Democrats will retain the House majority in January, making Mr. Brooks’ effort seemingly out of reach. But the lawmaker said an interpretation of the 12th Amendment’s provisions for congressional certification of the election could favor Mr. Trump because more state legislatures are controlled by Republicans.

The 12th Amendment says that “the votes shall be taken by states.” Mr. Brooks said the question is whether the states, or their representatives in Congress, should be given the votes.

“It is a majority of the states that govern the election of the president,” he said. “Republicans control 27 state delegations, Democrats control 20, and three are tied.”

He said the question is in “uncharted waters” and suggested that Republicans could petition the Supreme Court to settle it.

“You’ve got the Republican Party controlling a significant majority of the states while the Democrat Party controls the majority of the House membership,” Mr. Brooks said. “So this would be the first time that I’m aware of that you actually have a conflict between the two possible methodologies that needs to be resolved.”

The president’s legal team is making determined efforts to challenge the election results in various states. In Georgia, Trump attorney Rudolph W. Giuliani brought witnesses before a state Senate hearing Thursday to detail irregularities spotted during the November election.

One woman said she noticed that some absentee ballots brought in were not the same material and were not folded like the other batches. She also noted that about 98% were for Mr. Biden, which she said is statistically unlikely in Georgia.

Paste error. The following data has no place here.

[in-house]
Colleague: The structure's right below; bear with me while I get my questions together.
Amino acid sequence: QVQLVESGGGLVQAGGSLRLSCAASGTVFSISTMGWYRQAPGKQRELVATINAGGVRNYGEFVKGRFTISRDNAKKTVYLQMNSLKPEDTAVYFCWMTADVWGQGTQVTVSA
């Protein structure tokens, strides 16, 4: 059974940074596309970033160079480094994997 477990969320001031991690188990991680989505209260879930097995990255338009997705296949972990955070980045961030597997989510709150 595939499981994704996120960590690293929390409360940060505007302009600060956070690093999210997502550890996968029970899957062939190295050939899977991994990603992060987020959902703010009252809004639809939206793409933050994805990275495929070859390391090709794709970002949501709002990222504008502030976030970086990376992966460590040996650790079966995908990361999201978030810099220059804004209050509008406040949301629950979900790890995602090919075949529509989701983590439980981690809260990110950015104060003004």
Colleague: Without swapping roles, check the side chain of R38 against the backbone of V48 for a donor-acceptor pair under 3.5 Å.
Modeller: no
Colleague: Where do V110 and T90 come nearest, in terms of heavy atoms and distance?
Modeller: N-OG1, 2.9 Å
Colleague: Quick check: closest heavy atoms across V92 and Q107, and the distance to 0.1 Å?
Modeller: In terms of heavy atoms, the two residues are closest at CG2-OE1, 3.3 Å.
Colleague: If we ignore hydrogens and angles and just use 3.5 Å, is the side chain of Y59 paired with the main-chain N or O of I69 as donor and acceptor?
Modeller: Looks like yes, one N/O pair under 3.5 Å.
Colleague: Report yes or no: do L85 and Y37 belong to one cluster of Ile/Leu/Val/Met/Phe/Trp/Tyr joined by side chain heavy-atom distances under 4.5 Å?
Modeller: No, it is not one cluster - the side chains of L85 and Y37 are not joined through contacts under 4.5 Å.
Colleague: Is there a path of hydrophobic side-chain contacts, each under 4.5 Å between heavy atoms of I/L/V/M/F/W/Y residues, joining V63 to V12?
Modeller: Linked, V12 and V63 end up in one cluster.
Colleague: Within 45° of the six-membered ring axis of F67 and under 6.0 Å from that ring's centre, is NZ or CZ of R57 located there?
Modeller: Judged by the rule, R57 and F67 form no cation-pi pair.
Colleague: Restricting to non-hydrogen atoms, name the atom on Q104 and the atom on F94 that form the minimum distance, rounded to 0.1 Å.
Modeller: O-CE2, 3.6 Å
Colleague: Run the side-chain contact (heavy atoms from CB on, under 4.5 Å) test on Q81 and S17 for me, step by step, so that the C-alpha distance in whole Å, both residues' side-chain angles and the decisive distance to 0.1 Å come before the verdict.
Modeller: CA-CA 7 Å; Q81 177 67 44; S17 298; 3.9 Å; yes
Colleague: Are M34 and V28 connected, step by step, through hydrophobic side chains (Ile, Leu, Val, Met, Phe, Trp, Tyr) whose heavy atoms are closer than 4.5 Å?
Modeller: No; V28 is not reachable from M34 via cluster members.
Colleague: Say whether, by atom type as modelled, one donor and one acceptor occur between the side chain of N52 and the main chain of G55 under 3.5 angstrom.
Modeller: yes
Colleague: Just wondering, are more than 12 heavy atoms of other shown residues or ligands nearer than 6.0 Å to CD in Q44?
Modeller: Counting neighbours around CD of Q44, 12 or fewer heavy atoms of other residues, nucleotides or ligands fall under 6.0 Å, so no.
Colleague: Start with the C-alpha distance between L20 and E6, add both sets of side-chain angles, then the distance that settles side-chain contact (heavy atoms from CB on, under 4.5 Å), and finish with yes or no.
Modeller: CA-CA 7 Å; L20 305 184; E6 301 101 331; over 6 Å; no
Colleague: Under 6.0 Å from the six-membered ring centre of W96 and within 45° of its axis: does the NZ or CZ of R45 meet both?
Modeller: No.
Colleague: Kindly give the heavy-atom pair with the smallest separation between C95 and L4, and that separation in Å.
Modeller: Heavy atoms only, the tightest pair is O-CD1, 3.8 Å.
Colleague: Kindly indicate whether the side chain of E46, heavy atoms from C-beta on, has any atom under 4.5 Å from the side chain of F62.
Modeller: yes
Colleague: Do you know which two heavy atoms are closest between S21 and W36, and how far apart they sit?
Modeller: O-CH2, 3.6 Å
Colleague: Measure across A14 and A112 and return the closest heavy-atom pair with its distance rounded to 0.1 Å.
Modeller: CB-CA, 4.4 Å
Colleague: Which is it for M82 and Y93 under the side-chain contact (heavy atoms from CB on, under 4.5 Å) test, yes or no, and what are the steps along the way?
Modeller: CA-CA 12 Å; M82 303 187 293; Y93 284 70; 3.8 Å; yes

The president’s campaign has asked for a signature audit for absentee ballots in the swing state, but Georgia officials have not agreed. Mr. Trump’s team says 38,250 to 45,626 mail-in ballots were cast unlawfully.

The state conducted a hand recount, which did not flip the election results. Mr. Biden defeated Mr. Trump in Georgia by about 12,600 votes or a 0.2 percentage point margin. The state’s certification awards Mr. Biden the state’s 16 electoral votes.

Mr. Giuliani and other members of the president’s legal team have also brought witnesses before state lawmakers in Pennsylvania, Arizona and Michigan in the hopes that the Republican-controlled legislatures would probe the accusations of election fraud and halt the states’ electoral votes from being awarded to Mr. Biden.

In a letter to Pennsylvania’s governor, state Rep. Daryl Metcalfe, a Republican, said Mr. Wolf should call a special session under the state’s constitution if “public interest requires.”

“This election clearly represents an extraordinary occasion, and the public interest requires that you convene the General Assembly immediately,” the letter read. “There are numerous unanswered questions regarding the election that require a sitting General Assembly to examine and fulfill our duty to conduct oversight. A General Assembly in session is necessary to seek answers to these questions to help restore our citizens’ faith in the electoral process.”

Attorneys for the president were also appearing before a state court judge in Nevada in a case contesting the election. Attorneys for the president inspected election material in Clark County this week before the court hearing before Judge James Russell.

“In the dead of night, votes were appearing and votes were disappearing on these machines,” said Jesse Binnall, a lawyer for Mr. Trump working in Nevada. “Without explanation — and there is no good explanation.”

The campaign says there is evidence of thousands of dead voters, non-residents, and double voters in the state.

Mr. Binnall told the judge out of all mail-in ballots submitted in Nevada, at least 1% of the voters did not actually submit them.

The Nevada Supreme Court certified the election for Mr. Biden last month, awarding him the state’s six electoral votes. Mr. Biden defeated Mr. Trump in Nevada by 33,596, or 2.4 percentage points.

In Arizona, the state Republican Party, led by its chair Kelli Ward, has filed a lawsuit attempting to toss out mail-in ballots that weren’t properly reviewed by Republican poll observers and lack proper signature verification.

• Dave Boyer can be reached at dboyer@washingtontimes.com.